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Friday, July 11, 2014

Sayonara, Yankees.

Masahiro Tanaka will pitch again for the New York Yankees either in September 2014 or in 2016.  If Tanaka needs Tommy John surgery on his right pitching elbow it will be 2016.  If rest and rehab are sufficient, Tanaka may return in September.  However, by then the Yankees may be out of contention.

This could be a blessing in disguise.  It could force the Yankees to rebuild rather than patch the sinking ship of aging players who don't even deserve to be called a team.  The Yankees started the season with no regular younger than 30.  Patching that is as silly as assembling the group in the first place.

Yankee management lacks both the intelligence and imagination to compete in the current environment.  During the early years of the Steinbrenner era, the Yankees could bludgeon the opposition by spending wildly on free agents.  There were so many that the Yankees could make mistakes but still succeed.  Starting with Reggie Jackson in 1977, the Yankees had many successes and failures but the net impact was generally positive.  Dave Winfield did not provide any championships as Jackson had but he was a success.  Not so for Steve Kemp, Dave Collins, Ruppert Jones, Jerry Mumfrey.  You get the idea.  Just spend, baby.  That was George's way and his kids are trying the same thing but times have changed.

1. The Yankees are no longer the only team with lots of TV money streaming in.
2. Other teams are using their new line of credit to lock up their own talented players when they are young and before they become free agents.  See Mike Trout, Clayton Kershaw.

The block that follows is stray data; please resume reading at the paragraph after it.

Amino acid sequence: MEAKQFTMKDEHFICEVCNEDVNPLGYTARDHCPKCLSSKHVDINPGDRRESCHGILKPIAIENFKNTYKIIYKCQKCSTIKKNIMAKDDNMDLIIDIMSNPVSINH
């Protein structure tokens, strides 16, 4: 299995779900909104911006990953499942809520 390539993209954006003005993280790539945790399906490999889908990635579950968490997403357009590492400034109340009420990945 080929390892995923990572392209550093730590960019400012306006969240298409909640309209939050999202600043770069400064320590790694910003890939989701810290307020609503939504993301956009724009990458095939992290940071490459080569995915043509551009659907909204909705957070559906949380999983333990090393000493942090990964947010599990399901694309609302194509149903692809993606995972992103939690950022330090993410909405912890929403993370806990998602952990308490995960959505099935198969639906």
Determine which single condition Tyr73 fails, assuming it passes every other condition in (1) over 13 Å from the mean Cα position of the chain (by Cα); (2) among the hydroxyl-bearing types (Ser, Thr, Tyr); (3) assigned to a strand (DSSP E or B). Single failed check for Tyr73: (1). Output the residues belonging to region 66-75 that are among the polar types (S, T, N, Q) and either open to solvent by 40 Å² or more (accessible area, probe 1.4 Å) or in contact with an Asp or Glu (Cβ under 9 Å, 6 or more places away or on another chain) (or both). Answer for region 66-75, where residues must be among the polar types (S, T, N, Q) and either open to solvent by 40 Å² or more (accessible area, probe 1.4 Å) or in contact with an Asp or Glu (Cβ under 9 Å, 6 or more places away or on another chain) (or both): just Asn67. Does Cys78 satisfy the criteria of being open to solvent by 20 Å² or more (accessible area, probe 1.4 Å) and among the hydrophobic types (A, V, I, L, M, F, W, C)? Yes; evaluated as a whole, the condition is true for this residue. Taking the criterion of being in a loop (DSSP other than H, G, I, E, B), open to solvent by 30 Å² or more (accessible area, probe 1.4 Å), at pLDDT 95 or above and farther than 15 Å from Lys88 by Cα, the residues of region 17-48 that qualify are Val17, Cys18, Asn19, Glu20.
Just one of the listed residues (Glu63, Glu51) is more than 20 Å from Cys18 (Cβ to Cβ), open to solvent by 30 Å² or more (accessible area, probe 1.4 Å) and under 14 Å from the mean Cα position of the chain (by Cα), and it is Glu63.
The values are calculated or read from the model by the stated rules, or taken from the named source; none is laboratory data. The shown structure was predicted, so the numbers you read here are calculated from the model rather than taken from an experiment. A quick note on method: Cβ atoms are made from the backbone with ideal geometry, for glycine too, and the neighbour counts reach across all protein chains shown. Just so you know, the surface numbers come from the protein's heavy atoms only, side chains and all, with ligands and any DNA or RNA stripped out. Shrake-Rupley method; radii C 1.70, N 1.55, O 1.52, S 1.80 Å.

3. The result in recent years has been less talented older free agents.  See Jacoby Ellsbury, Brain McCann, both of whom were gobbled up by the Yankees in the recent off season even though both filled spots that did not need filling nearly as much as gaping holes at several other positions.  The Yankees simply signed the players they thought were the best available and paid them like stars, which neither is.
4. More teams are getting smart, which the Yankees never were.  That only increases the Yankee problem.

The Yankees are dumb and unimaginative.  They're currently descending into the realm of the NBA Knicks, a team going through its second consecutive implosion in a decade.  The NBA has a pretty hard salary cap.  The Major Baseball League (MBL) has a soft cap.  From 2003 through 2012 the Yankees were the top spending team each year; the Dodgers in 2013 and 2014.  The Yankees exceeded the cap in every season, winning the championship in 2009.  Boston exceeded three times and won three championships.  Texas once.  Angels once.  That's it.  All other teams stayed under the cap.  St. Louis and San Francisco each won two championships.

Get the picture?  And it gets worse.  The Yankees have decent talent in the minors but no stars to either bring up or trade for veterans.  Tampa southpaw David Price, 2012 Cy Young award winner, may become available before the July 31 trading deadline but the Yankees do not have the top prospects to tempt Tampa into trading Price to the Yanks.

And the Yankees stubbornly insist on trying to qualify for the tournament every season, thinking their fans are as dumb as they are.  With the extra wild card spot introduced in 2012 it's much easier to slip into the tournament.  But do Yankee fans want their baseball team to be like the Knicks: qualify but be eliminated early?  After a couple of seasons of that few Yankees fans would find it acceptable.

Fans can tell the difference between this bunch and Babe Ruth, Lou Gehrig, Joe DiMaggio and Mickey Mantle.  And next season Derek Jeter will be gone.  No one wants to root for monument park.  The Yankees cannot cover up their failures with more uniform numbers retired or more plaques awarded to former players.
Red Buttons won the Acadamy Award for supporting actor in the 1957 film Sayonara
photo by Born Newborn Assoc. - PR agency via Wikimedia Commons

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